Florida’s springs like Silver Springs and the currently drowned Ocklawaha’s springs are a constant 72 degree year-round. During recent chilly weather, temperatures in the reservoir dropped into the sixties. Temperatures under 68 degrees can subject manatees to cold stress syndrome, which can be fatal.

2. Herbicide Use

Invasive aquatic weed explosions in the reservoir require repetitive treatments to provide boat ramp and river access. Excessive herbicide exposure is not healthy for people or manatees. A study released in March 2021 found glyphosate in the majority of the studied manatees’ plasma, which may negatively impact their immune and renal systems.

3. Unreliable Access

Manatees currently use the Buckman Lock System to access the Rodman Reservoir and Ocklawaha River. The locks must be manually opened by a lock tender during lock hours, necessarily limiting manatee access.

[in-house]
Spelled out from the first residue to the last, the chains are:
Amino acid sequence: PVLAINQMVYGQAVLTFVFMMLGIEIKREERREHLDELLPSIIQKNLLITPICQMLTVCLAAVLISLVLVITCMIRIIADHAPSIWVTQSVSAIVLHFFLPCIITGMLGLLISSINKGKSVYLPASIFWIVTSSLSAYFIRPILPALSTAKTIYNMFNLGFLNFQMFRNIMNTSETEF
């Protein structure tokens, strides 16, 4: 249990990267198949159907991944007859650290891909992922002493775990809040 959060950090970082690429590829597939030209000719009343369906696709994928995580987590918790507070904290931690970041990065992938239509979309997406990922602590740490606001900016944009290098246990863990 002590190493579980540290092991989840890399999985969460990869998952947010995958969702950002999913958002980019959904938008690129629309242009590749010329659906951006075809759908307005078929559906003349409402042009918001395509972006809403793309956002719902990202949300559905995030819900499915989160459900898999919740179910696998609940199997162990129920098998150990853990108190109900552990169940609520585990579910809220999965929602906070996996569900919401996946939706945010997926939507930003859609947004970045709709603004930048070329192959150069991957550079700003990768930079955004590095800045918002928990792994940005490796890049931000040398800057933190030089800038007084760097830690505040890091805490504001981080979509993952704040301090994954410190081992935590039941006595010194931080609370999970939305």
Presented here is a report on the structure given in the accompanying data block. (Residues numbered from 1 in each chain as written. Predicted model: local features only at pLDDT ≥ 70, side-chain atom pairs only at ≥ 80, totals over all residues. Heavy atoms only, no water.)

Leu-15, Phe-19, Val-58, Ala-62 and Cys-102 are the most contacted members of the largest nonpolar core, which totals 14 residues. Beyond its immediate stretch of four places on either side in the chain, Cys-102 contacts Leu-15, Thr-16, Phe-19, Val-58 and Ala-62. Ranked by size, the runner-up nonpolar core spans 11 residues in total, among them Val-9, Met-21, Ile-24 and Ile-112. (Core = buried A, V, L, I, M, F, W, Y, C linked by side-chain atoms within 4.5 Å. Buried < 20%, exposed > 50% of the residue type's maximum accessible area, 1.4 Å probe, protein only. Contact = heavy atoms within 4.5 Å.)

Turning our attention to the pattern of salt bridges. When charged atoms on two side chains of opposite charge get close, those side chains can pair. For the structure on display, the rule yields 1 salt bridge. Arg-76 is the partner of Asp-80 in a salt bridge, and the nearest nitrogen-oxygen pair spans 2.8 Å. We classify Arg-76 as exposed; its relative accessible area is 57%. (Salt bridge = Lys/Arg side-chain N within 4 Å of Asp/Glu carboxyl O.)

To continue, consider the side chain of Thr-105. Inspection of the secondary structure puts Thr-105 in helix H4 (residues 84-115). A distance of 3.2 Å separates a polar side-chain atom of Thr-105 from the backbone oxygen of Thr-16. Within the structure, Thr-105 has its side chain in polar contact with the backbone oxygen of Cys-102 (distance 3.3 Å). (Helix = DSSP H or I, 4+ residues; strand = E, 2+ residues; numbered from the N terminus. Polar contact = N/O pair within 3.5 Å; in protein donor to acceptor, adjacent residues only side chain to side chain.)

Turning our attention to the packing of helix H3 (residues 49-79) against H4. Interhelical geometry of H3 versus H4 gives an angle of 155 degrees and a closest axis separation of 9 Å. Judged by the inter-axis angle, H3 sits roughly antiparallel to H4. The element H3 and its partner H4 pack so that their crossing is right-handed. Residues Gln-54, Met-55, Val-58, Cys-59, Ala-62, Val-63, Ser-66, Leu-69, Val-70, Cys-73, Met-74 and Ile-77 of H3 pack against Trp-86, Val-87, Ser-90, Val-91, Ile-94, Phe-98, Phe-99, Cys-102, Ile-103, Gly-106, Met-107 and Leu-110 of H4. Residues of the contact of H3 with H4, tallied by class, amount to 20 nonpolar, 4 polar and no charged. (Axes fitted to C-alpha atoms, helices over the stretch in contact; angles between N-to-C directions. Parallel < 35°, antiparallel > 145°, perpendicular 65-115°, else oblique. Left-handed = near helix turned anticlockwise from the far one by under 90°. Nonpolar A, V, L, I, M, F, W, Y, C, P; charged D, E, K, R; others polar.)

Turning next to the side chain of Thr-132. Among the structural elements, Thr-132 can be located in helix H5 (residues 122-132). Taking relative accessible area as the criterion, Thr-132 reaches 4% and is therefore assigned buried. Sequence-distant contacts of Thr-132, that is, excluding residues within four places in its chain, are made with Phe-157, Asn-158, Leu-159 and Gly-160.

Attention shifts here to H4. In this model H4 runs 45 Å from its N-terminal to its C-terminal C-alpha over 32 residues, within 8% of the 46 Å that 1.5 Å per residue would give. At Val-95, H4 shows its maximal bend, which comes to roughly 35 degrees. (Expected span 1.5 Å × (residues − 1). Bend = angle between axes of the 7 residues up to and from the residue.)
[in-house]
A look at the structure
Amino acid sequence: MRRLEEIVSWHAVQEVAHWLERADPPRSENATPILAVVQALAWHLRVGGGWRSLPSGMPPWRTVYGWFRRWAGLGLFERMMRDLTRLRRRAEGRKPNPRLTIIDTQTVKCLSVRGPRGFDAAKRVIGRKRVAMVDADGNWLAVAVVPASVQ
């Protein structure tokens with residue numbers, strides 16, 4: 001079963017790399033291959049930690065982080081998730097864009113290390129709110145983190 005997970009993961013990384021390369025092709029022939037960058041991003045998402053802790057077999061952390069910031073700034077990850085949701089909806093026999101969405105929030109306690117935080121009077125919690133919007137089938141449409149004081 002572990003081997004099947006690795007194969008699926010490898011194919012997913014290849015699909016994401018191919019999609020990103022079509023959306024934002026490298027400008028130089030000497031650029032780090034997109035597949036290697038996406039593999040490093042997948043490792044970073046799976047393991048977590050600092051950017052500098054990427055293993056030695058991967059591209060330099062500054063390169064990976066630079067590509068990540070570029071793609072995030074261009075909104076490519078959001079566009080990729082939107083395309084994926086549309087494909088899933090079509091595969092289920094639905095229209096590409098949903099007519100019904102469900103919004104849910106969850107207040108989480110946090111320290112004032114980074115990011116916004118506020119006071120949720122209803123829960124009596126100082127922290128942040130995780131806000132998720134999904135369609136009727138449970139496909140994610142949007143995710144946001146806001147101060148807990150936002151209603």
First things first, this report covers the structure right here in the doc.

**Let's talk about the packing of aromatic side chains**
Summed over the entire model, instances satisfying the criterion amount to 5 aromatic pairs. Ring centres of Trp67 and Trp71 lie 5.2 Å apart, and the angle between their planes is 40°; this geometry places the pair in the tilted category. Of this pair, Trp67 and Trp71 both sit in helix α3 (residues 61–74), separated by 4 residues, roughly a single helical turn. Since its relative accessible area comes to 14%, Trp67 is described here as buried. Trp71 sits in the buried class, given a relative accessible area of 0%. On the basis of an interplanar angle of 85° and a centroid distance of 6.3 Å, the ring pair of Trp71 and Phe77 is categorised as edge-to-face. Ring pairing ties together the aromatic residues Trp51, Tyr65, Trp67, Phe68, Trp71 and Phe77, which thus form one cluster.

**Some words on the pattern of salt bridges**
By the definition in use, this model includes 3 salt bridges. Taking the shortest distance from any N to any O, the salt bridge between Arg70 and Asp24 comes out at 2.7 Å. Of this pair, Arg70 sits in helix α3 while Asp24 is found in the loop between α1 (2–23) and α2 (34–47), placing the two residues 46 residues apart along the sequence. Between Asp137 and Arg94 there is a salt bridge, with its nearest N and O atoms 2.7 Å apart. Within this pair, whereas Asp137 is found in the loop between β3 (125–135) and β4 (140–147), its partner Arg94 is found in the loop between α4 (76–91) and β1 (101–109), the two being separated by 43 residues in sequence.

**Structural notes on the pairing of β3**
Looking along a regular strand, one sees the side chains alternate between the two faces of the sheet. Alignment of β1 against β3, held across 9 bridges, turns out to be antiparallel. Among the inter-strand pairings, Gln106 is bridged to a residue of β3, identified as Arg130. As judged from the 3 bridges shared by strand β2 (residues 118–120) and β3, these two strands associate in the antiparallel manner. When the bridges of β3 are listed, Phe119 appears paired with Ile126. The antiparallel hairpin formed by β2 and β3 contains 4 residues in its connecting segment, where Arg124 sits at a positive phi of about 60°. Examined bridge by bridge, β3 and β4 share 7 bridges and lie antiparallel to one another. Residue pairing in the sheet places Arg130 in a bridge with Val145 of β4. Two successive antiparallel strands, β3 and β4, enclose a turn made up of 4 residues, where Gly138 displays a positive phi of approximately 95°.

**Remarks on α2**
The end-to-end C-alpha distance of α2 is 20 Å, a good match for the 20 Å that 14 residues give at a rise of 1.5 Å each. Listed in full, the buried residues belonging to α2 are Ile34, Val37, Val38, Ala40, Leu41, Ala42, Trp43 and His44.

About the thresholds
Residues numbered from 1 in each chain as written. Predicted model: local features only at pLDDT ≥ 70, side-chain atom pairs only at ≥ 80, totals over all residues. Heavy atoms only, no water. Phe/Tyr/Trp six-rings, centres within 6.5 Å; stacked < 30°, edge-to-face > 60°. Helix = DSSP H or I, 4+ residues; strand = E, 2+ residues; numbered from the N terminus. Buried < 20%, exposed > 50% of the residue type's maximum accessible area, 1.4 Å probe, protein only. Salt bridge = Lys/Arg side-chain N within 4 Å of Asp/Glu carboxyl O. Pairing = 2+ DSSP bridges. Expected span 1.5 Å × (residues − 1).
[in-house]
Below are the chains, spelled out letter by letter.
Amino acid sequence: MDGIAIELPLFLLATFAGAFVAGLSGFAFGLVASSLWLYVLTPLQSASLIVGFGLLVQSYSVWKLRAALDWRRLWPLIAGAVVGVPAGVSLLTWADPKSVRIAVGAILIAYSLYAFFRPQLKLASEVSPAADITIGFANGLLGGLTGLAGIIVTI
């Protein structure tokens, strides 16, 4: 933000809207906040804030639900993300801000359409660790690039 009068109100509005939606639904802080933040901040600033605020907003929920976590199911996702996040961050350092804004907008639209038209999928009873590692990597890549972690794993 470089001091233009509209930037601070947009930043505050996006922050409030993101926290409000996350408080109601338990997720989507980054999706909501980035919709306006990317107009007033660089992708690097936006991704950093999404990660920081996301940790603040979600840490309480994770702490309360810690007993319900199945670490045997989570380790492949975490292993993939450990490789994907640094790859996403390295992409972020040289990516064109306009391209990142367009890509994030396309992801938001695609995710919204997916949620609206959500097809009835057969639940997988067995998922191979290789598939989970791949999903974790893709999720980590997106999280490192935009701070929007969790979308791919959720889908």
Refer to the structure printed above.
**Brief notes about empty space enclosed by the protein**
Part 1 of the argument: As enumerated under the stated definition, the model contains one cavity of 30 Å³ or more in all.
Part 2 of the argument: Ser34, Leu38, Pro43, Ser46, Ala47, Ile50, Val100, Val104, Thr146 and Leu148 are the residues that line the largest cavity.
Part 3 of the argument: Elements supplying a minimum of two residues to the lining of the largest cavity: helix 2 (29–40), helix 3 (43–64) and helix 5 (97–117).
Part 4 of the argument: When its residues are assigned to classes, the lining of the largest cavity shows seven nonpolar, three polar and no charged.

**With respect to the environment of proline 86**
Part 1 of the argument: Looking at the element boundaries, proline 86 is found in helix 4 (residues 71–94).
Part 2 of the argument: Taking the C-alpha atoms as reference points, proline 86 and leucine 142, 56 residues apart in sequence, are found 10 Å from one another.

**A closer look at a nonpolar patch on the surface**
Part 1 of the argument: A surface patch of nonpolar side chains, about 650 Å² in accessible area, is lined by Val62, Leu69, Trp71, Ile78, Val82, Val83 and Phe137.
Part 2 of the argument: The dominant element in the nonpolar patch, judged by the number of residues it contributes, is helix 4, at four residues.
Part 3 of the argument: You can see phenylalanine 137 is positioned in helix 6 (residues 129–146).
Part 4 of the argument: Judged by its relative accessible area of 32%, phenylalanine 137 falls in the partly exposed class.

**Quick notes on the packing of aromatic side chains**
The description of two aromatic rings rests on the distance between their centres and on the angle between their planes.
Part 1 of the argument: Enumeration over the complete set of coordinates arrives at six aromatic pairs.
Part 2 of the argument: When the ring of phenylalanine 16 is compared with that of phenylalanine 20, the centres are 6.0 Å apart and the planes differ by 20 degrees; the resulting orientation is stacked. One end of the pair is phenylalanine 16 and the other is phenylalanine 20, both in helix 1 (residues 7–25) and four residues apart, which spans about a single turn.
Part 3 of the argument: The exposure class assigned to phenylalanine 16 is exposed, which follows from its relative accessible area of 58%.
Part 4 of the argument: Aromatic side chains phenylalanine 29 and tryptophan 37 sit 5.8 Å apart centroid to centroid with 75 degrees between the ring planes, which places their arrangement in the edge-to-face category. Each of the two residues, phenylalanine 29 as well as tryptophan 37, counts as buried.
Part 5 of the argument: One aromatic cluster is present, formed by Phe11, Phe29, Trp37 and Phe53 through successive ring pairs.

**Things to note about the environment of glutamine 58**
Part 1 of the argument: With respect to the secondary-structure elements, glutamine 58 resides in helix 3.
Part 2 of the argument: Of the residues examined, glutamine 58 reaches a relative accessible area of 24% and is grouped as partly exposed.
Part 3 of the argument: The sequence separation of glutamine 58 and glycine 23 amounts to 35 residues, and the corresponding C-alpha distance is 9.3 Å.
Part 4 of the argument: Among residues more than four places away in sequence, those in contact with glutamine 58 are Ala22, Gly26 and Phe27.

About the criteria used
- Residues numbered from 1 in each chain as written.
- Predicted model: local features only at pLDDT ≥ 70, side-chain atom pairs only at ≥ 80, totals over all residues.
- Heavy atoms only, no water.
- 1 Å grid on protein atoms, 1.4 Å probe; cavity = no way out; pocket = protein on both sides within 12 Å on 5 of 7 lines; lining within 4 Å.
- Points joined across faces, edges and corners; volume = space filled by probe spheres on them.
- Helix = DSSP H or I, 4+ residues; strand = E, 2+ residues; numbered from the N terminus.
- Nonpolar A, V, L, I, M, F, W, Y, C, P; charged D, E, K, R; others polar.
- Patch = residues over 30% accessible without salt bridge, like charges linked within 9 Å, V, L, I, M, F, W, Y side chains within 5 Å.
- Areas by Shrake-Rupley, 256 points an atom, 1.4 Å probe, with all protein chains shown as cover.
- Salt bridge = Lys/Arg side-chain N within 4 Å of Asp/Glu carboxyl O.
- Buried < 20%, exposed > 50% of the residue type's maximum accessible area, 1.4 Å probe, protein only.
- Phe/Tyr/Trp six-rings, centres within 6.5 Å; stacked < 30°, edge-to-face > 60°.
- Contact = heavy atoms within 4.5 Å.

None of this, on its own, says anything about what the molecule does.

4. Impeded Seagrass Growth

The dam blocks natural spring flow to the lower Ocklawaha and St. Johns Rivers – 150+ million gallons a day. This flow is needed to promote submerged aquatic plant growth – a key food and habitat source for manatees and fish.

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Restoring freshwater flow and avoiding dam failure and flooding = a winning resiliency project

Palatka Waterfront
Governor Ron DeSantis just announced Florida’s first ever Statewide Flooding Resilience Plan with an unprecedented $270 million for 76 projects to protect Florida’s coastal and inland communities. This is a big step in addressing infrastructure to protect citizens throughout Florida from the effects of sea level rise. Another project that could protect over 539 property owners with lands valued at over $57 million by providing downstream flood protection, reducing saltwater intrusion, and saving an economically valuable fishery is the restoration of the Ocklawaha River.